Report

Policy Framework to Strengthen Community Corrections

Quick Summary

This 2008 report discussed how states have added 1 million prison cells over the past 20 years, pushing the US prison population to 23 million and the incarceration rate past 1 in 100 adults, by far the highest in the world.


This 2008 report discussed how states have added 1 million prison cells over the past 20 years, pushing the U.S. prison population to 2.3 million and the incarceration rate past 1 in 100 adults, by far the highest in the world. Still, more than 95 percent of inmates are eventually released back to the community. Add in offenders on probation, parole or other post-prison supervision and there are now 7.3 million American adults under correctional control on any given day. The corrections system costs states nearly $50 billion a year, and federal and local governments billions more.

That kind of money might be justified if it were dramatically cutting crime. But it's not. More than 40 percent of probationers do not complete their probation period successfully and more than half of parolees end up back behind bars within three years. While repeat offenders are major drivers of prison growth and costs, so are people who have broken the rules of their probation or parole release but who have not committed a new crime. Offenders who violate their supervision conditions account for a significant portion of prison admissions, reducing space available for violent and chronic criminals.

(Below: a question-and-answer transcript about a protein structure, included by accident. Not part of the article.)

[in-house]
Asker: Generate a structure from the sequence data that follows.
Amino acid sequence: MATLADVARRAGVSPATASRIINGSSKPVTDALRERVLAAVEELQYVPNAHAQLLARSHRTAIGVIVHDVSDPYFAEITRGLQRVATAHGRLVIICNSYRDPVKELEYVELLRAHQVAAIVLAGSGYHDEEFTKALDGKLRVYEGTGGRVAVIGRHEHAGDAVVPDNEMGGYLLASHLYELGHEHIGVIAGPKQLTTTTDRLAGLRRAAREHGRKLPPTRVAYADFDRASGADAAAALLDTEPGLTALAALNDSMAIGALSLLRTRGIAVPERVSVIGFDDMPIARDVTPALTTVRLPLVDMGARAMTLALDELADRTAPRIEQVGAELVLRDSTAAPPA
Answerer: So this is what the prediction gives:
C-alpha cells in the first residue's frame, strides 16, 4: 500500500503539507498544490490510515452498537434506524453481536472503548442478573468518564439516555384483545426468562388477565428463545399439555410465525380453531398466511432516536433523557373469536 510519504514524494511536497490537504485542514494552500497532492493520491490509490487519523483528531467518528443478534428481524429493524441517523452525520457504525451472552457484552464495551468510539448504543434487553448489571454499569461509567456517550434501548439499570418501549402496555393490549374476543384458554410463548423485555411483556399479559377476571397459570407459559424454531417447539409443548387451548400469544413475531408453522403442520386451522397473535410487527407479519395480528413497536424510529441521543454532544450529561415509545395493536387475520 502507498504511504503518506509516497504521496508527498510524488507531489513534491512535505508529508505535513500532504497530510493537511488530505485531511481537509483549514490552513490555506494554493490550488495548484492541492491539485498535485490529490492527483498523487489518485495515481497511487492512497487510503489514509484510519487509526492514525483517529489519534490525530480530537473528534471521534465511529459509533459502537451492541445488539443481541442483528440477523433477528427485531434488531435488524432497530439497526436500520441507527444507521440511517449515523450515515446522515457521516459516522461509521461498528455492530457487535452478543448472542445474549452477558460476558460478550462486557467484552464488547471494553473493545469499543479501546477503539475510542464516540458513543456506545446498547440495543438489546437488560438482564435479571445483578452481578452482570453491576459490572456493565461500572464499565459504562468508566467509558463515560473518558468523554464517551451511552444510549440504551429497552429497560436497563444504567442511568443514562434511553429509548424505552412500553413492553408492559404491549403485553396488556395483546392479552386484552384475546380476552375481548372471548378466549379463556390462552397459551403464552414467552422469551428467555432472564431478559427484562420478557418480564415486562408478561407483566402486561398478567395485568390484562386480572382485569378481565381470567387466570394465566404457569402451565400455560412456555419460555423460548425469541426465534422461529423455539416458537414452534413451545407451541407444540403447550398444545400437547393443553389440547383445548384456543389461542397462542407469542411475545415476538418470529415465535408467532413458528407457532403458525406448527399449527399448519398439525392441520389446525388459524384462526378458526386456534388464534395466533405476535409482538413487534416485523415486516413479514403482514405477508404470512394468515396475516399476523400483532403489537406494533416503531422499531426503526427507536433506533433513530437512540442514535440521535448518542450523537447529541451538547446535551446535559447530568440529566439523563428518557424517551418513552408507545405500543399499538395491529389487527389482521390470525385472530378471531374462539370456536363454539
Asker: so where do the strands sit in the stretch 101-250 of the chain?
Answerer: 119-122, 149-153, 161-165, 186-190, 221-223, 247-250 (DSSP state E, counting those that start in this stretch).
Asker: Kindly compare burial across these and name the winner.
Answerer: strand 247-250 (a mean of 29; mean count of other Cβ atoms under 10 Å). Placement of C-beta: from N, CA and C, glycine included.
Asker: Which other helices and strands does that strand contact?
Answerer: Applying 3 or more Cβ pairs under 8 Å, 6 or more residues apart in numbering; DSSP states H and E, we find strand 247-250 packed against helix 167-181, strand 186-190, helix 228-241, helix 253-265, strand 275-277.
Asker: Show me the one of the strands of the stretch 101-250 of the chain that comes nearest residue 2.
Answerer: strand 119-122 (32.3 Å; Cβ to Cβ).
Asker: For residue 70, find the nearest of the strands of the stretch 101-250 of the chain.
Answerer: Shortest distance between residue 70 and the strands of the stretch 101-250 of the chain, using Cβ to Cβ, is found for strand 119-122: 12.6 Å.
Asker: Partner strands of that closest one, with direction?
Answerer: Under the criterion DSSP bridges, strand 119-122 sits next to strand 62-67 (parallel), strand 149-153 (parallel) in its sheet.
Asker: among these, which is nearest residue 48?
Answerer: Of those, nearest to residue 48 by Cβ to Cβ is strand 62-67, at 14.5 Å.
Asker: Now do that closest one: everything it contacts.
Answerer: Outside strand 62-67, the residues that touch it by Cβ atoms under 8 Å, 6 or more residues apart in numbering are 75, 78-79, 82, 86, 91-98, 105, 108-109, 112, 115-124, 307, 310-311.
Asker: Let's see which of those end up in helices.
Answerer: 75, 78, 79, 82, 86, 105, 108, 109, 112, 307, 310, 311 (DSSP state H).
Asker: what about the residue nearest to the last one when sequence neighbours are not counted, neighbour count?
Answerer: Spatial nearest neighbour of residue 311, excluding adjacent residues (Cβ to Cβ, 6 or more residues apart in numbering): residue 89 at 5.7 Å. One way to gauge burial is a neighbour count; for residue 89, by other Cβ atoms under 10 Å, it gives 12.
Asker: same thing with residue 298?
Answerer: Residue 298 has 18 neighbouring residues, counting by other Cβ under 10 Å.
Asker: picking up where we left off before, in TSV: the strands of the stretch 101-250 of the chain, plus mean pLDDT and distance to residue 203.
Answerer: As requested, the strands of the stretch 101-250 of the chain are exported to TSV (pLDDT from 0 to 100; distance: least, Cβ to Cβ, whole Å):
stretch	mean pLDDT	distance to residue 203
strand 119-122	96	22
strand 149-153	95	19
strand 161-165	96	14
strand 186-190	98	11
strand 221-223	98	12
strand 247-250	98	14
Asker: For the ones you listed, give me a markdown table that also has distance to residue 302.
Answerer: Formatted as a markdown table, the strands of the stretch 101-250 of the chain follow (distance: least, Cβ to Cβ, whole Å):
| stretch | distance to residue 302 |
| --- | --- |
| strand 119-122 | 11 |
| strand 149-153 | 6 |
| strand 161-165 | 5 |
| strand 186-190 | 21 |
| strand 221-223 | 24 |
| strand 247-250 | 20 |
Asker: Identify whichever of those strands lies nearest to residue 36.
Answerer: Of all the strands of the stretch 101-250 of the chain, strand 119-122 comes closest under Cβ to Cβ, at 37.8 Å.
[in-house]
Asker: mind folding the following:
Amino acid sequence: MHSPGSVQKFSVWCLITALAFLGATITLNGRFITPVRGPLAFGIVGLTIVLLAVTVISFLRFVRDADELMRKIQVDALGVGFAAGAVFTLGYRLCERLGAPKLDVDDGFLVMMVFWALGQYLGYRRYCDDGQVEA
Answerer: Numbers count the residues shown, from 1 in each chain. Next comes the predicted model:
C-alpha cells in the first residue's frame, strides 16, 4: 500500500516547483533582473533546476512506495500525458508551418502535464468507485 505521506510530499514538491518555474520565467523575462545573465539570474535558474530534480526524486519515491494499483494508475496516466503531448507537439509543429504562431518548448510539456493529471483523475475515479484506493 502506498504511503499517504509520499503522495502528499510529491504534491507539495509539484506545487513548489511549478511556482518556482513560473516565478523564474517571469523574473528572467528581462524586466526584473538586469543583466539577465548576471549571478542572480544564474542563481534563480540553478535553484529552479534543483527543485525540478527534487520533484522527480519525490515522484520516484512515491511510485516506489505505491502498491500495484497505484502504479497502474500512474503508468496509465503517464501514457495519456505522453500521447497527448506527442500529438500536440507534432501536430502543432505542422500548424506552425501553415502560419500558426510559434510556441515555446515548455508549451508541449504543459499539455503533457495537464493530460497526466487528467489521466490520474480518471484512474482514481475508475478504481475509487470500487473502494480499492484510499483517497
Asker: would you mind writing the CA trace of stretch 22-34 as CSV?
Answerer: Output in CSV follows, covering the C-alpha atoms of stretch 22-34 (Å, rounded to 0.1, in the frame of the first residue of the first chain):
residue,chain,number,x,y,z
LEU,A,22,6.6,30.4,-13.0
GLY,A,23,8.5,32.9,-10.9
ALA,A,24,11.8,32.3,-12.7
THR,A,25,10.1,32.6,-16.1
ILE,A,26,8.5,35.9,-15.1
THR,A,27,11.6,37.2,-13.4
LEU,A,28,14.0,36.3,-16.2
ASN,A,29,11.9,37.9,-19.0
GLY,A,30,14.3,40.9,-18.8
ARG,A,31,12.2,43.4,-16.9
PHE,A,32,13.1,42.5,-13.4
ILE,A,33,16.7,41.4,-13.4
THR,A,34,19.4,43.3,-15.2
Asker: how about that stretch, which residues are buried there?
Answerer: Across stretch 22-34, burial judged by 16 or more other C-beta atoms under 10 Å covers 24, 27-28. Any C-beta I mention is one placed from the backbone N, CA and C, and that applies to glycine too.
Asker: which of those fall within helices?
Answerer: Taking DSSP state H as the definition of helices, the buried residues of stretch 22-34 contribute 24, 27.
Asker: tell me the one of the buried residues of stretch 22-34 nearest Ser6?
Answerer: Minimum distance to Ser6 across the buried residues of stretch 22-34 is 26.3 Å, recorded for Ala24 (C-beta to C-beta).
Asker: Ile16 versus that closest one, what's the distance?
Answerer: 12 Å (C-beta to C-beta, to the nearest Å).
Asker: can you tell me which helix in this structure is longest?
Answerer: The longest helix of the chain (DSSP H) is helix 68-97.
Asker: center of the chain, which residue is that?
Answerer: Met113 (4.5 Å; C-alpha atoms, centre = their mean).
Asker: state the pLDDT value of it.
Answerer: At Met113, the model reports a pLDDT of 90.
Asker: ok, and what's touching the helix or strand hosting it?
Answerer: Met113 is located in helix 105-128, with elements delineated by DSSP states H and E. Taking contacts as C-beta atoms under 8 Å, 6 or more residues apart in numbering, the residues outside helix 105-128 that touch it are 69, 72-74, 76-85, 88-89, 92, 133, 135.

These high failure rates stem in large part from overwhelmed community supervision agencies. While national attention has focused on the dramatic rise of incarceration, the probation and parole populations have risen just as fast. The agencies responsible for supervising these 5 million offenders, however, haven't received nearly enough resources or authority to keep up.

More than 25 years of research has identified a series of policies and practices that can make substantial cuts in recidivism rates. Policy makers in several states have enacted reforms that help corrections agencies adopt these “evidence-based practices” by providing fiscal incentives, clearing obstacles, enhancing their authority, and tracking their results.

During 2008, the Public Safety Performance Project of The Pew Charitable Trusts' Center on the States brought together leading policy makers, practitioners and researchers to review a wide range of these reforms. From the review and discussions with dozens of additional experts emerged a package of policy-level actions for state legislators and executives. The measures below were selected as part of the initial framework; others may be added as state and local leaders continue to innovate. And though individual sections would have impact if adopted alone, taken together they offer policy makers a powerful opportunity to help reduce victimization and control corrections costs.

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